The Food and Drug Administration recently approved trastuzumab for treatment of metastatic gastric and gastroesophageal cancer, based on the ToGA data. Results demonstrated a 2.7 month survival benefit of trastuzumab plus chemotherapy in HER2-positive advanced gastric and gastroesophageal adenocarcinoma, as compared with chemotherapy alone.
|Surgical specimen staining pattern||biopsy specimen staining pattern||HER2 overexpression assessment|
|0 No reactivity or membranous reactivity in <10% of tumor cells||No reactivity in any tumor cell||Negative|
|1+ Faint or barely perceptible membranous reactivity in 10% or more of tumor cells; cells are reactive only in part of their membrane.||Tumor cell cluster* with faint or barely perceptible membranous reactivity irrespective of percentage of tumor cells stained||Negative|
|2+ Weak to moderate complete, basolateral or lateral membranous reactivity in 10% or more of tumor cells||Tumor cell cluster* with weak to moderate complete, basolateral or lateral membranous reactivity irrespective of percentage of tumor cells stained||Equivocal**|
|3+ Strong, complete, basolateral or lateral membranous reactivity in 10% or more of tumor cells.||Tumor cell cluster* with strong complete, basolateral or lateral membranous reactivity irrespective of percentage of tumor cells stained||Positive|
* "tumor cell cluster" is defined as a cluster of 5 or more tumor cells
Fluorescent in situ hybridization
Cep 17 Ratio
|<2.0||Negative||Count at least 20 cells; survey for areas of highest gene count|
Count at least 20 cells; survey for areas of highest gene count.
|At present, there is no equivocal category for HER2 FISH in gastric or gastroesophageal carcinoma, however, Ruschoff recommends counting additional cells if ratio near 2.0 (1.8-2.2)|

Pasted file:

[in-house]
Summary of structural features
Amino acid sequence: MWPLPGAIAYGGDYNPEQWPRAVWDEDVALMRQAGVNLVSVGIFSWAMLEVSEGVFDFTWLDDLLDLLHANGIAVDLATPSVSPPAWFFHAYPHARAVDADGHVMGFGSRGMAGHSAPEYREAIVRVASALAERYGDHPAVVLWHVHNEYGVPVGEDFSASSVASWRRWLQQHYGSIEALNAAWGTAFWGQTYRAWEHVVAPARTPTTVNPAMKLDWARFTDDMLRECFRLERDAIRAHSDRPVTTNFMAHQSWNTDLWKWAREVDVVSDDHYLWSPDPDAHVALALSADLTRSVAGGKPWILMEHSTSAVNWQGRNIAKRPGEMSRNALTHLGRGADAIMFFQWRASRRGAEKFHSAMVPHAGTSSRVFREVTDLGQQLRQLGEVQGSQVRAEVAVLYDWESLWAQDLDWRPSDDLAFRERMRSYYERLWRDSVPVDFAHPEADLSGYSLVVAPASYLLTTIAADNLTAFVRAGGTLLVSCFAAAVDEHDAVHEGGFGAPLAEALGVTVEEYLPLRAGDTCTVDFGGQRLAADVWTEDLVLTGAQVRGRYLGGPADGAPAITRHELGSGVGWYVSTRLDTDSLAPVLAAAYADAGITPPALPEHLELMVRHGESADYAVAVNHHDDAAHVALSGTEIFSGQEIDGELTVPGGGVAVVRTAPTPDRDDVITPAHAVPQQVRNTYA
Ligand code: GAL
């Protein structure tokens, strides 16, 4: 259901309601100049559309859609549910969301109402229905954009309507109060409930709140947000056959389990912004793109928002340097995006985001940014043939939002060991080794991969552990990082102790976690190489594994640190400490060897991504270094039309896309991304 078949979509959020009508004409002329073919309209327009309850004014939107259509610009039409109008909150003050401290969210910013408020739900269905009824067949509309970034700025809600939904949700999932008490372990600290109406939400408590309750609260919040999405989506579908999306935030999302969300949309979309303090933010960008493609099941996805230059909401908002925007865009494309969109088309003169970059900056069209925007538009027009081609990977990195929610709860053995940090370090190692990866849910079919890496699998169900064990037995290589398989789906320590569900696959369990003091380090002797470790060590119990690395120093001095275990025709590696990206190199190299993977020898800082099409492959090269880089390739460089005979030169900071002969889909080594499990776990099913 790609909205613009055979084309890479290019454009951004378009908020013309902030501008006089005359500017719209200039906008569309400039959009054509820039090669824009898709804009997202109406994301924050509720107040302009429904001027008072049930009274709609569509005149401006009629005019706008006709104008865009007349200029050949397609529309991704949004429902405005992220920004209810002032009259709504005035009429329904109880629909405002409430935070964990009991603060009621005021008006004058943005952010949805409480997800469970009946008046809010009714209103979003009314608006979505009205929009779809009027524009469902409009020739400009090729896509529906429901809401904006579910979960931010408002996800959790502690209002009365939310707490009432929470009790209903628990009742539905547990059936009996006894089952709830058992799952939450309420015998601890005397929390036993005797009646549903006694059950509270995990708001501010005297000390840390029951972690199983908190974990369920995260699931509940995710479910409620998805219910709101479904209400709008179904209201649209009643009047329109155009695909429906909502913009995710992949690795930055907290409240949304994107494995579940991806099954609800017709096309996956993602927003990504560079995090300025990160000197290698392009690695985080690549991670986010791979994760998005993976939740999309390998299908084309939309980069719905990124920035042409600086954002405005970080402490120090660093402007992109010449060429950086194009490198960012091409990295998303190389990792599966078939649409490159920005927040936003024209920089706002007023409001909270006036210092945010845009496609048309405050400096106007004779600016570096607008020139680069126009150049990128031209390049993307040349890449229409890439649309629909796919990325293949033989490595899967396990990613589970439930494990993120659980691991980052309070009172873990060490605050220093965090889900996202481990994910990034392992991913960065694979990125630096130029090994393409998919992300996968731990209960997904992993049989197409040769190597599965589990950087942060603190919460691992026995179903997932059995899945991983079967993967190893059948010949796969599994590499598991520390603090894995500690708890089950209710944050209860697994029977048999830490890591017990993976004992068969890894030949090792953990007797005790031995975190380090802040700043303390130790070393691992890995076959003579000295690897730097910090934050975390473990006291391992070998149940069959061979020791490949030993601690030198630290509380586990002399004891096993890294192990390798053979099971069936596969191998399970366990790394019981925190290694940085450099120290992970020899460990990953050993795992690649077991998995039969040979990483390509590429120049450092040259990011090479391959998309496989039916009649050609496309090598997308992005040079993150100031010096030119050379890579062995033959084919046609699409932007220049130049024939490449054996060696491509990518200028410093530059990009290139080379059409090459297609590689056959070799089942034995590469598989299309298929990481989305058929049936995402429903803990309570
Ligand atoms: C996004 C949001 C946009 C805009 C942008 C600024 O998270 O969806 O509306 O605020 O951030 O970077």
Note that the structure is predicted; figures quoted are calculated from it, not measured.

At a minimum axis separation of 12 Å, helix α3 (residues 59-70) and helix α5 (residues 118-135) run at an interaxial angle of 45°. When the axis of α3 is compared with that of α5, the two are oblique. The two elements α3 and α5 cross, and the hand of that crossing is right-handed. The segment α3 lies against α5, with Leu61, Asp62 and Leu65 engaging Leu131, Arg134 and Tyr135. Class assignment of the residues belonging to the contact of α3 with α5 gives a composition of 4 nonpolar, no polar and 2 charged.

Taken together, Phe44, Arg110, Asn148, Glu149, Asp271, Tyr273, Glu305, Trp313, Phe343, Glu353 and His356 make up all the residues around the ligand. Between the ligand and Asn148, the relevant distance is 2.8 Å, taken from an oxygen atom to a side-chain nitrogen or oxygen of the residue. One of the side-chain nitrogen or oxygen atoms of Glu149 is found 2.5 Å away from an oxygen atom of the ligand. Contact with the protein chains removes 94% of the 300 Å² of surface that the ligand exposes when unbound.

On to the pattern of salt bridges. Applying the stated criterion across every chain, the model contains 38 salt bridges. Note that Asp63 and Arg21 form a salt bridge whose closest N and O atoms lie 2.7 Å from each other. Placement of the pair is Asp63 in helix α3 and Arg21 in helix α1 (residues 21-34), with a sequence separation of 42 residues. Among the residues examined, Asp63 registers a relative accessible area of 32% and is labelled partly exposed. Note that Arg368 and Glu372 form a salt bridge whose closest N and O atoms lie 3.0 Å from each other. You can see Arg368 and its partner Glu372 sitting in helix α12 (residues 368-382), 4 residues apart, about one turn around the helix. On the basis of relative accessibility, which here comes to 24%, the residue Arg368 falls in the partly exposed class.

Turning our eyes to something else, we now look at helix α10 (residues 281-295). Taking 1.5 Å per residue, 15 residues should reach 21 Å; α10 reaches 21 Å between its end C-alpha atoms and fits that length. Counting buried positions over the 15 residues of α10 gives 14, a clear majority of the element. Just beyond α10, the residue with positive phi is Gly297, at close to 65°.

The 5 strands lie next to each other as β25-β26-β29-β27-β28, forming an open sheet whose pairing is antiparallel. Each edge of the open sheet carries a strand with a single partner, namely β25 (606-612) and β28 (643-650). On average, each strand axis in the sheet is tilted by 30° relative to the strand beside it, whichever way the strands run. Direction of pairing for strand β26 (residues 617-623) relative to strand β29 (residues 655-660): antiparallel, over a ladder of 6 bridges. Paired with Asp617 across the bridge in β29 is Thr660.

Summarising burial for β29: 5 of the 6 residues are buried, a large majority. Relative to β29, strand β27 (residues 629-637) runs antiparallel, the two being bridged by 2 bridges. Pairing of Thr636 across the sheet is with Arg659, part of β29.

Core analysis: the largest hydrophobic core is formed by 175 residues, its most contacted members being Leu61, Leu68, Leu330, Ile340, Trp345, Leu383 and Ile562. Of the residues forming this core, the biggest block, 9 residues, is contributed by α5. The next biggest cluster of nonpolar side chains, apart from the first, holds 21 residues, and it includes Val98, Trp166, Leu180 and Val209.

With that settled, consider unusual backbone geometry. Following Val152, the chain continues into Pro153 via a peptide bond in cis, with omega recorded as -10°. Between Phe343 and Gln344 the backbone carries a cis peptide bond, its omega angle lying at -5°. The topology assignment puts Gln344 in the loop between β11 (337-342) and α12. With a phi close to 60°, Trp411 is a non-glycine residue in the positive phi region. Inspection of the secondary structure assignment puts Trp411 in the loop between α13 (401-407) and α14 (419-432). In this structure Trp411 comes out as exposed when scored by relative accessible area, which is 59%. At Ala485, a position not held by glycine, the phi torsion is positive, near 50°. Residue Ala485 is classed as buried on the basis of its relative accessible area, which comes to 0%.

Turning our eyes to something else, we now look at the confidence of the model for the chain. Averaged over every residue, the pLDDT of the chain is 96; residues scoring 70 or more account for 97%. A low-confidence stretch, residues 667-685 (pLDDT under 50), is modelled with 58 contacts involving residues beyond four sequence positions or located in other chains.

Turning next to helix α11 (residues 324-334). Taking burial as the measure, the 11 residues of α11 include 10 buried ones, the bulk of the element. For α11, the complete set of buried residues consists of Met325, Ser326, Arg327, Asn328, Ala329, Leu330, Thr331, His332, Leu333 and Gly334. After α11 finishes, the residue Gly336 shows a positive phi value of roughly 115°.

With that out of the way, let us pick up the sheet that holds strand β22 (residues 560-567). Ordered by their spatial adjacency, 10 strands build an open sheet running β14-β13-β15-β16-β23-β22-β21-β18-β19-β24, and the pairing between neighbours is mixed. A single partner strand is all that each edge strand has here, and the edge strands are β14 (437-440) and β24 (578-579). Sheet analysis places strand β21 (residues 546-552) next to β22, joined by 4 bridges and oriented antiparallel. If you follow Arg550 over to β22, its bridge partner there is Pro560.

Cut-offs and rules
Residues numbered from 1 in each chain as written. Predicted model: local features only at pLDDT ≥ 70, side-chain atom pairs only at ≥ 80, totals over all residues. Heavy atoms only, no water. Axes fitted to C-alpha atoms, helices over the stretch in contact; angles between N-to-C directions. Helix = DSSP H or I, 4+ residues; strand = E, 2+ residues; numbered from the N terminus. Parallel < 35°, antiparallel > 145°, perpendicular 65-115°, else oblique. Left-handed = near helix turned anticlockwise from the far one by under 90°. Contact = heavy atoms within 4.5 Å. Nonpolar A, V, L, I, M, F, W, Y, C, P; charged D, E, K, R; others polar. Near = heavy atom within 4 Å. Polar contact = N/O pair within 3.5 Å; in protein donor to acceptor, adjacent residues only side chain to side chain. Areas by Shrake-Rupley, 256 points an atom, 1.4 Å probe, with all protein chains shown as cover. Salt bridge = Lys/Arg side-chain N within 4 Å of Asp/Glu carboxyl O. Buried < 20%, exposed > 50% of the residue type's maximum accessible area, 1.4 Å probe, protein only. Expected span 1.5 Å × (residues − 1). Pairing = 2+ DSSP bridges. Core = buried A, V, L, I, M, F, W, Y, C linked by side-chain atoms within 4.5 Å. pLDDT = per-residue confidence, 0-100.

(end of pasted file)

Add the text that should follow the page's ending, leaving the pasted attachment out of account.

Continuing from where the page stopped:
Analysis of the ToGA pathologic material showed that strong basolateral HER2 membrane staining by IHC correlates with HER2 amplification by FISH. Additionally, gastric and gastroesophageal carcinoma has a greater tendency toward HER2 heterogeneity as compared with breast carcinoma.
Consensus recommendations for gastric and gastroesophageal HER2 scoring (Table 1) have been established as a result of this data. These recommendations differ from breast cancer scoring. In gastric and gastroesophageal carcinoma, basolateral (incomplete) membrane staining is scored, and circumferential staining is not required. For biopsy specimens, amplification or strong basolateral staining in a small cluster of cells is reported as positive, while the 10% threshold is maintained for resection specimens.
|Tumor type/location||% HER2 positive|
|Diffuse gastric (signet ring) carcinoma||6.1%|
|Gastroesophageal junction adenocarcinoma||33.2%|
|Overall ToGA||22.1 %|
The ToGA studies have provided useful benchmarks regarding expected rates of positivity (Table 2) and have highlighted technical and interpretive pitfalls, including antibody reactivity with benign gastric epithelium and occasional strong cytoplasmic staining precluding interpretation.
One ToGA subgroup analysis found that HER2 FISH amplified but IHC-negative cases derive little benefit from trastuzumab, while the survival benefit excluding these cases was longer by over four months. Since trastuzumab in combination with chemotherapy is becoming the standard of care in gastric cancer, appropriate patient selection by HER2 IHC and ISH testing will now be part of routine pathology. Recommendations include having all patients HER2 tested at the time of initial diagnosis.
At Incyte Diagnostics, we have adopted the ToGA guidelines. We will test a patient’s first biopsy with IHC for HER2 with re!ex to ISH (FISH or CISH) for equivocal HER2 by IHC results. Since gastric and esophageal adenocarcinomas can be heterogeneous in HER2 overexpression or gene amplification, we recommend repeat HER2 testing on any subsequent resection specimen.